Similar Processes but Different Roles for These Two Funds
Though run by the same team, Silver-rated MFS Growth is a suitable core holding while Bronze-rated MFS Mid Cap Growth plays a supporting role.
Andrew Daniels: Silver-rated MFS Growth and Bronze-rated MFS Mid Cap Growth have some similarities. Eric Fischman became lead manager of MFS Growth in 2004 and implemented a new process there; he then joined MFS Mid Cap Growth in 2008 and implemented the same process used at MFS Growth, albeit focused on smaller-cap firms.
The process at both funds is focused on finding companies with underestimated earnings and cash flow growth prospects to hold for the next three to five years. The team seeks firms with pricing power, strong secular growth outlooks, and solid management teams. The managers want stock selection to drive the majority of returns, so they tend to keep sector weightings in line with the respective benchmarks.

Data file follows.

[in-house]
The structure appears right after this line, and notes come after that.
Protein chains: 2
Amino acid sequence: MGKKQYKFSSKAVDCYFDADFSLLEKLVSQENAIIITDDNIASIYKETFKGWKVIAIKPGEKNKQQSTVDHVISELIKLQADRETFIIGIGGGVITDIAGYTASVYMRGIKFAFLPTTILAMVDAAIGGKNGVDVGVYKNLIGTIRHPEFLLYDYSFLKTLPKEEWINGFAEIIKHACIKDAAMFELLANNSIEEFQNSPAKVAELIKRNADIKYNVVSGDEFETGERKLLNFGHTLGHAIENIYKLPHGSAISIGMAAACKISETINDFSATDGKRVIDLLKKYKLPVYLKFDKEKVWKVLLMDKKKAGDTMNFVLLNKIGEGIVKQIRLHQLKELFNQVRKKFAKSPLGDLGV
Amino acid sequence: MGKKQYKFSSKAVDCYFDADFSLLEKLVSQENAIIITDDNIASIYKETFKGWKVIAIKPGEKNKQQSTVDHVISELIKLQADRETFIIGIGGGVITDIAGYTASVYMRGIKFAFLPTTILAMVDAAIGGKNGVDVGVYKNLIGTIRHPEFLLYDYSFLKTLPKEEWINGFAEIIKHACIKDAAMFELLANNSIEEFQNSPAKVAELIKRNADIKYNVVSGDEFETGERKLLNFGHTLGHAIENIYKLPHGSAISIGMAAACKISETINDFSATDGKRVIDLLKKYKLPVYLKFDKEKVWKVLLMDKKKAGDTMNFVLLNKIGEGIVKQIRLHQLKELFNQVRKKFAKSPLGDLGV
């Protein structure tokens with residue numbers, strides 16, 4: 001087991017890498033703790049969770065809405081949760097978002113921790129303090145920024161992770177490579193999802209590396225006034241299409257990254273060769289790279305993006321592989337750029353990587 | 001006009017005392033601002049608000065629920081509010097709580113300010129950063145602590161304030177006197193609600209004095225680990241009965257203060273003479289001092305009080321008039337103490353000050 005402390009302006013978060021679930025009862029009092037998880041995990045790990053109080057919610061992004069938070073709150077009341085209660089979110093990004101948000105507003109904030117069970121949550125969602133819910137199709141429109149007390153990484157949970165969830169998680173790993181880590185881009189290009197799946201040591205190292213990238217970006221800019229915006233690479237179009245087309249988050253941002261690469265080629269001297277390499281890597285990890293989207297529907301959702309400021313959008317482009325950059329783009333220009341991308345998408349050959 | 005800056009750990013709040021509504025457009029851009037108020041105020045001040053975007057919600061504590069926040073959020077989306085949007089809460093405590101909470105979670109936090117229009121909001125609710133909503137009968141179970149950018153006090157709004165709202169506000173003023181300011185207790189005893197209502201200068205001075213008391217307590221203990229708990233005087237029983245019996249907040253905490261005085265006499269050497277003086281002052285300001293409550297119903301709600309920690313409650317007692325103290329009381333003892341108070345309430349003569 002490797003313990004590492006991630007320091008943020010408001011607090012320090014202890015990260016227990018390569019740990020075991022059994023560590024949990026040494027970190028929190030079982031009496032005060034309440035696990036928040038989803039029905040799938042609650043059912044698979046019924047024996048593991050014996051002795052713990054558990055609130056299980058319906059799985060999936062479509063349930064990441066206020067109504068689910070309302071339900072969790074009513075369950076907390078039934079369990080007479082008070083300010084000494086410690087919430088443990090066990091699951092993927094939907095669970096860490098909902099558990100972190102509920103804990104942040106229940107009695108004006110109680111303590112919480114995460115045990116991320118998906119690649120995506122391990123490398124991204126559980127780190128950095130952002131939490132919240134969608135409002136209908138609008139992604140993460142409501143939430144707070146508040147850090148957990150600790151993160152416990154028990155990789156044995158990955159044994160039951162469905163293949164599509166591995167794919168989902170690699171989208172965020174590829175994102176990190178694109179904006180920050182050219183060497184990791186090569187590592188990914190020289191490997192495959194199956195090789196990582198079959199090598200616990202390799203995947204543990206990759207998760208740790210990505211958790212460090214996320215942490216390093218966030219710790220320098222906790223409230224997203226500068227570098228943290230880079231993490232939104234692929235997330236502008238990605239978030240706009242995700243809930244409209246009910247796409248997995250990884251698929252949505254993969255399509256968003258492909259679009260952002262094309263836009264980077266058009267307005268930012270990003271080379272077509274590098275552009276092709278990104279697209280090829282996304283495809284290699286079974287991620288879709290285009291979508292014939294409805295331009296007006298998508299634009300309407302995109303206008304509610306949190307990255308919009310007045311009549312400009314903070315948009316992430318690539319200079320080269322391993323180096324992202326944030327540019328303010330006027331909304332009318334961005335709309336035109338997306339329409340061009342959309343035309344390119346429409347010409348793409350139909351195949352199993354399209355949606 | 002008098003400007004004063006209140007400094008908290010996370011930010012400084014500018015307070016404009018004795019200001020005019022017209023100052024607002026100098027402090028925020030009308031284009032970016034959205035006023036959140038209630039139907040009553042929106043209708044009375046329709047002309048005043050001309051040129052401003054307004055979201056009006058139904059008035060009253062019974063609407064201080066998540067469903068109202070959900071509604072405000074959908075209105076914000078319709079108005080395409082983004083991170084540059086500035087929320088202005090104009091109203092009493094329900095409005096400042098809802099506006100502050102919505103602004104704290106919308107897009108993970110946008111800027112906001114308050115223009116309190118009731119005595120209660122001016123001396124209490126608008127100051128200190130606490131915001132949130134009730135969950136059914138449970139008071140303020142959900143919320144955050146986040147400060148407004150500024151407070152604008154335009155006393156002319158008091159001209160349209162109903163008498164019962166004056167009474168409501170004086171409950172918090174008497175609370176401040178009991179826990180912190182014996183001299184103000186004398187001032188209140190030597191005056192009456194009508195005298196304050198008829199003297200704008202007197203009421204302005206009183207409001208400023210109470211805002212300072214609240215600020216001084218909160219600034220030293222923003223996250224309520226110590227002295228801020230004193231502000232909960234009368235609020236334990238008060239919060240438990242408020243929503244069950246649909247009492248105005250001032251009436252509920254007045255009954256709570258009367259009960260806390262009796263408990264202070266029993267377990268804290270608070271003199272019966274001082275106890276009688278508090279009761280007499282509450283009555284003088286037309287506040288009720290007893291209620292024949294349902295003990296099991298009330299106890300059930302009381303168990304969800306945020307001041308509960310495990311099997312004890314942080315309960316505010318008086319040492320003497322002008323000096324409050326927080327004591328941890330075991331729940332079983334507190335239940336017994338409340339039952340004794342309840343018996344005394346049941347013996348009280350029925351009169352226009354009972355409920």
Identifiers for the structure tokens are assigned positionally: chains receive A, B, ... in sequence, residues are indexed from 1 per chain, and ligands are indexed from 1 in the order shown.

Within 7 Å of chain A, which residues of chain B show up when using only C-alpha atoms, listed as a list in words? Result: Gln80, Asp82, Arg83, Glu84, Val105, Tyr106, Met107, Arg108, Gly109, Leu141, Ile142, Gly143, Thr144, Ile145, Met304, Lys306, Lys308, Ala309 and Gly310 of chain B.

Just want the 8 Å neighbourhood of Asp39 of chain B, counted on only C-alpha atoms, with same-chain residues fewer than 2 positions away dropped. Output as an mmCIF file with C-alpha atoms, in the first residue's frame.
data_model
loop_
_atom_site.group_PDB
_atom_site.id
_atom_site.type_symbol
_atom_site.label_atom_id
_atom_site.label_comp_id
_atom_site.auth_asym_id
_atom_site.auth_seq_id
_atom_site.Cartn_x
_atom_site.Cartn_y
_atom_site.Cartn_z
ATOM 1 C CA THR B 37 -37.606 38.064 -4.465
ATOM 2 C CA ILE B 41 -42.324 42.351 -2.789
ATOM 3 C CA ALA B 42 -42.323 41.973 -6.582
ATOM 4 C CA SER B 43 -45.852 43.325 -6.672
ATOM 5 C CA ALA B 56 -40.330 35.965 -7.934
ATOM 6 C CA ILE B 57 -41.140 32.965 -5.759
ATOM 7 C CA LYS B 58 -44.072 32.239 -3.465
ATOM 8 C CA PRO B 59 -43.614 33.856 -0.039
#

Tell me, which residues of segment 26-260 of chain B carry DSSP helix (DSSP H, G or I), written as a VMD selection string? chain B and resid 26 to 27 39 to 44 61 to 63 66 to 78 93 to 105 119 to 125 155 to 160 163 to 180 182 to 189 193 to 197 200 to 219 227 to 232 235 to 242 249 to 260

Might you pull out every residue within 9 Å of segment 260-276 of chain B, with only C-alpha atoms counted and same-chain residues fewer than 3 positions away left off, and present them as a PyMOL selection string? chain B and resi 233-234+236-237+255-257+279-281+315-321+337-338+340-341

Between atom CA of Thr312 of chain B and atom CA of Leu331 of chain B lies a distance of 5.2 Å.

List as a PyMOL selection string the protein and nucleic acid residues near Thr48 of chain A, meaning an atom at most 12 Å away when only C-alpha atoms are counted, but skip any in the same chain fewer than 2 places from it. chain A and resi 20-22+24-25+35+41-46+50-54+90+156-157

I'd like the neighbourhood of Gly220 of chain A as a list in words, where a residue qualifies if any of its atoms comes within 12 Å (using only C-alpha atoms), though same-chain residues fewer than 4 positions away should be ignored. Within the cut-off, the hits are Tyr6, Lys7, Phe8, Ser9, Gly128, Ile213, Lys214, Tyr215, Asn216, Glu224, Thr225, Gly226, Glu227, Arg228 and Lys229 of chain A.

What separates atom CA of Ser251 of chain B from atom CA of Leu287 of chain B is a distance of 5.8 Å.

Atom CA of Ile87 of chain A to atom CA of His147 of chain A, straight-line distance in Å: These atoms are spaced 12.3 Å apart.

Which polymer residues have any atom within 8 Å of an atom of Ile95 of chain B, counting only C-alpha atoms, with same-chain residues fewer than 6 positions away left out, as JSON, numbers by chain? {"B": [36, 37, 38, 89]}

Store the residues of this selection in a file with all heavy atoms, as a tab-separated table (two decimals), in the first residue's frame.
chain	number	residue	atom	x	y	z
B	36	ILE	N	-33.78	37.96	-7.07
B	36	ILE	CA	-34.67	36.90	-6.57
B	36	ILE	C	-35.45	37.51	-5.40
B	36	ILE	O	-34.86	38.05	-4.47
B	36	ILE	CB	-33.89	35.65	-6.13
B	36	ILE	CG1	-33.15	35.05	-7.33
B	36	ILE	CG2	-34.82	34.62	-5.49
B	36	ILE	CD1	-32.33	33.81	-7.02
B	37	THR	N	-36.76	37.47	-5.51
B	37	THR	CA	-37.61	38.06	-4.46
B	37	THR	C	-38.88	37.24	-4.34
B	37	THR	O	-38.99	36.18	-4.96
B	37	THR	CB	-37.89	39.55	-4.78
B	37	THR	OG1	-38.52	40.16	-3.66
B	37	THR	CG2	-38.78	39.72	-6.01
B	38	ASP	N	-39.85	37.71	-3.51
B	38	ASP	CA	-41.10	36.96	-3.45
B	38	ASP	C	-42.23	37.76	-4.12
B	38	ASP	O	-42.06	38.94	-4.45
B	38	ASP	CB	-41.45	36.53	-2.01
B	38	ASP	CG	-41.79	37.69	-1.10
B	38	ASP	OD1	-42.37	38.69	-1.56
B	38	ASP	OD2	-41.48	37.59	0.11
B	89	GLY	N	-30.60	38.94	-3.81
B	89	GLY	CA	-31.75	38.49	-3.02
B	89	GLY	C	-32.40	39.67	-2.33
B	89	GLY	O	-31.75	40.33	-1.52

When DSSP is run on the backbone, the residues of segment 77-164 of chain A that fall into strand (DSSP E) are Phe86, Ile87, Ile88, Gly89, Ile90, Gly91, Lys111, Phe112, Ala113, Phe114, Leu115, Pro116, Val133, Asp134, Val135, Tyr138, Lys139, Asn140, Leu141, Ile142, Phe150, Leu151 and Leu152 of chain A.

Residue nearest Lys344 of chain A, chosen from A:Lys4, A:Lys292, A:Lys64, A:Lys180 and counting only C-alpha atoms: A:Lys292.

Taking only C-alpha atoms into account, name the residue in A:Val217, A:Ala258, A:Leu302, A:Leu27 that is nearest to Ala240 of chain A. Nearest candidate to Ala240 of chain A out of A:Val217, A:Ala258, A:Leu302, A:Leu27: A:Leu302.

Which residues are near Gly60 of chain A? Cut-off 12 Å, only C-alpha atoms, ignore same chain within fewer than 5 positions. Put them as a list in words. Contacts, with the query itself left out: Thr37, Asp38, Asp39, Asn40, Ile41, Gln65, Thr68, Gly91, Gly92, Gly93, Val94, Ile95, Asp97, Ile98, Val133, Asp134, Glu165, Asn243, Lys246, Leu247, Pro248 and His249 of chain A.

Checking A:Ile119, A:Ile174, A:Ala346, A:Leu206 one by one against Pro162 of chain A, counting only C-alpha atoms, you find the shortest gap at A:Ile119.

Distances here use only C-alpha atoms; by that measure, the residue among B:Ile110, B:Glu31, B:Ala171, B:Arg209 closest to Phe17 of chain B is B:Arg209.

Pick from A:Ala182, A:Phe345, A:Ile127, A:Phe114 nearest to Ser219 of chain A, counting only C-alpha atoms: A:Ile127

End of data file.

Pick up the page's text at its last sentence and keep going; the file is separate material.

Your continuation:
Although the team and process are similar, there are some differences to be aware of. MFS Growth is in the Large Growth Morningstar Category, and the average market cap of its holdings is $61 billion. MFS Mid Cap Growth is in the Mid Cap Growth category, and the average market cap of its holdings is $11 billion. Also, MFS Growth earns a Positive price rating because of its below average fees, while MFS Mid Cap Growth earns a Neutral price rating. While MFS Growth may serve as a suitable core holding in investors' portfolios, MFS Mid Cap Growth's focus on mid-caps makes it more appropriate as a supporting player.
Andrew Daniels does not own (actual or beneficial) shares in any of the securities mentioned above. Find out about Morningstar’s editorial policies.